Another Moleskine journal, another first page; Sometimes I start with a self-portrait or a poem, but this time I begin with a sketch of a statue of Thomas Starr King. Drawing a statue has its benefits. It doesn’t move, providing a good opportunity to practice the human form. But on a greater level I wanted to sketch this statue because of the man it represents. Starr King is often described as a “fiery orator” and “the orator who saved the nation”. He is credited by Lincoln for keeping California in the Union during the Civil War. Starr King, unlike Lincoln, is far from a household name. And that is exactly why this statue was created in 1931 and placed in the National Statuary Hall collection as a representative of California (along with Father Junipero Serra), just so future generations would remember his name and deeds. The statue remained in Washington D.C. for 78 years until he was usurped by a stature of Ronald Reagan. A congressman from Orange County pushed for Reagan’s statue to be installed, no doubt unaware of Starr King’s importance to California’s legacy. One argument was that Starr King was not born in California; he was born in New York. Following that line of reasoning, the Serra statue should be removed because he was born in Majorca, Spain. And where was Reagan born? Oh yes, in the state of Illinois. Isn’t politics lovely?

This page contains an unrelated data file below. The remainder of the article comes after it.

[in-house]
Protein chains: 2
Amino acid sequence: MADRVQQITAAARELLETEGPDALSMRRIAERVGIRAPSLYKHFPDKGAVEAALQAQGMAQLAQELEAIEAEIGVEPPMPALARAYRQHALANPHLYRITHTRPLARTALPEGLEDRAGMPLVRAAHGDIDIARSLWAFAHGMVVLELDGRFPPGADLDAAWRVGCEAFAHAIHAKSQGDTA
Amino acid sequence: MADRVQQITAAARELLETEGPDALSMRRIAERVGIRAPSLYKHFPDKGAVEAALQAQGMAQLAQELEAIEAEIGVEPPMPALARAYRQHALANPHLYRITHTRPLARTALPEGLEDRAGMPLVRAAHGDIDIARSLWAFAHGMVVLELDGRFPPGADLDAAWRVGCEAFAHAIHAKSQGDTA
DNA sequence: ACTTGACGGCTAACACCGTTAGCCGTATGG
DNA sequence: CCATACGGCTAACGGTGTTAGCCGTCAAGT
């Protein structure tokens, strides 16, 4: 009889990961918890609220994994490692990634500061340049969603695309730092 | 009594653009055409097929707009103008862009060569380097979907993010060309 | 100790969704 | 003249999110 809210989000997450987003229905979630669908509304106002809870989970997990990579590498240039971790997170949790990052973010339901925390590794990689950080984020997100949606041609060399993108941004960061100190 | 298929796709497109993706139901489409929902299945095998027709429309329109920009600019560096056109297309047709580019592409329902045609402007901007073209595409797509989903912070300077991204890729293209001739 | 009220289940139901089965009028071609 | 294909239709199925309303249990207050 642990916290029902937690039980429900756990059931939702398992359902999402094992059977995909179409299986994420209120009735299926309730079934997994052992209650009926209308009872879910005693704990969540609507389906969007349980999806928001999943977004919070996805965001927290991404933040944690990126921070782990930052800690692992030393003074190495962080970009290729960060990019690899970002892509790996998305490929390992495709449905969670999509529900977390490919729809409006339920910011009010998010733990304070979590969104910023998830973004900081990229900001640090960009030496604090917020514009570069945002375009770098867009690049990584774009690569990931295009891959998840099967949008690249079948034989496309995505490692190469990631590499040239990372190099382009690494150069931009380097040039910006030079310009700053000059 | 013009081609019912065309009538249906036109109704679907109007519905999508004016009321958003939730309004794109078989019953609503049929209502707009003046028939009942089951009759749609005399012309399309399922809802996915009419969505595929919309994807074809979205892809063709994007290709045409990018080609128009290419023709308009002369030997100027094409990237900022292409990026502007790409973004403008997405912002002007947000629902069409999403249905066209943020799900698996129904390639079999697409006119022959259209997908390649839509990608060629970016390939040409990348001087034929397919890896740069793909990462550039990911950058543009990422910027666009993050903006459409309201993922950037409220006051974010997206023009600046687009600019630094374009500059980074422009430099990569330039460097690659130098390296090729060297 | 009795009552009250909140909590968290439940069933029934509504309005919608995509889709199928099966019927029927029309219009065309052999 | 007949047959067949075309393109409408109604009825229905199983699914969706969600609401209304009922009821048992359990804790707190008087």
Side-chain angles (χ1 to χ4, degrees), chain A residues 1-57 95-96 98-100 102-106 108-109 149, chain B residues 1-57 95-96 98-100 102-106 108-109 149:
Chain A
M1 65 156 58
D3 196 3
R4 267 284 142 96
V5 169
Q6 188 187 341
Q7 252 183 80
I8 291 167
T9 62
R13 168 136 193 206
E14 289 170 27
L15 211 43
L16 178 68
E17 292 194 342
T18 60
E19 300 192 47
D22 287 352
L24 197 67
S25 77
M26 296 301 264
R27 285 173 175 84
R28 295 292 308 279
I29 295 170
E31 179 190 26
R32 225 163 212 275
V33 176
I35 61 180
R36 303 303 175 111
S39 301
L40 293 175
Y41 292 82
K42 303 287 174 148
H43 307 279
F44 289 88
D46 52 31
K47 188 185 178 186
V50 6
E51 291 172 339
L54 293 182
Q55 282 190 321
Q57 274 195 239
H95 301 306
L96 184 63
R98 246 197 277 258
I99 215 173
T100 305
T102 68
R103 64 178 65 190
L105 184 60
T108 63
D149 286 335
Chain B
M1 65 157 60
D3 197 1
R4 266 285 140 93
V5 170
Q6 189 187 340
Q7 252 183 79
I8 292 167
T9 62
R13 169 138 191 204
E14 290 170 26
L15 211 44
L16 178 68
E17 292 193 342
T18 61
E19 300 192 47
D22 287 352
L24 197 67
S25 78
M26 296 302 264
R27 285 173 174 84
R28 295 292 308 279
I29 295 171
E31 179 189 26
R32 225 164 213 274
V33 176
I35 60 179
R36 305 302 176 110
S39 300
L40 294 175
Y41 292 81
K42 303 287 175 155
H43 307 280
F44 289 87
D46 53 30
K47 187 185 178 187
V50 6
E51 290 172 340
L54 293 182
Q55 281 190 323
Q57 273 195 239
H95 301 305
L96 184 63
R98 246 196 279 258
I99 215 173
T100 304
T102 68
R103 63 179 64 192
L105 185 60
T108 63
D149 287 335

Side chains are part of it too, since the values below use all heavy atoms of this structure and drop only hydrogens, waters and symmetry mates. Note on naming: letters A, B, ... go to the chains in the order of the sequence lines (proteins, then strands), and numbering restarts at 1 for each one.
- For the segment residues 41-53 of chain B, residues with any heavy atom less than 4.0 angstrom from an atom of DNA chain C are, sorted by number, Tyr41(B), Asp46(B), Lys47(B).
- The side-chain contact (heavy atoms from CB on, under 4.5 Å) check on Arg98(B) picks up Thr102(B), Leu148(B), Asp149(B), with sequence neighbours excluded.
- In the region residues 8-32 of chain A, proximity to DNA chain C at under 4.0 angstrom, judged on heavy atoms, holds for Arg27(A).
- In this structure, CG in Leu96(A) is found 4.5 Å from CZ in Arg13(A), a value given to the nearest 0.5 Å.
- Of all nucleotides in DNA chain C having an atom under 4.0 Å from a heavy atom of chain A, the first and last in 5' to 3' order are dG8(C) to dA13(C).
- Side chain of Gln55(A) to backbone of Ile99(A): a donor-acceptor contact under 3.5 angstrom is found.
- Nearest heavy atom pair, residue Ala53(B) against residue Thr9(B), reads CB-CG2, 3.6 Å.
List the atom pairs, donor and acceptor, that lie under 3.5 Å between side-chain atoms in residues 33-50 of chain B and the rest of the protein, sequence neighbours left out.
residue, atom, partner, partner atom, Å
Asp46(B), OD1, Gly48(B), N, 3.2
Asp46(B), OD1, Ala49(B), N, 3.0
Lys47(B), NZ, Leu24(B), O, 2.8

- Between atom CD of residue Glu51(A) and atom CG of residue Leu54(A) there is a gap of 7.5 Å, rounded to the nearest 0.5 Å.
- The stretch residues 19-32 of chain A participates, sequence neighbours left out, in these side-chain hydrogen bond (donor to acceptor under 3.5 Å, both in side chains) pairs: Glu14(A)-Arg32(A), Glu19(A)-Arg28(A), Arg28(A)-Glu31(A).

This statue now sits outside on the east side of California’s state capitol building in Sacramento. How many visitors stroll past this statue and stop to read the plaque about this important California figure? Sketching has taught me to be aware, to notice small details, to explore the backwaters, and to look at statues representing some forgotten someone.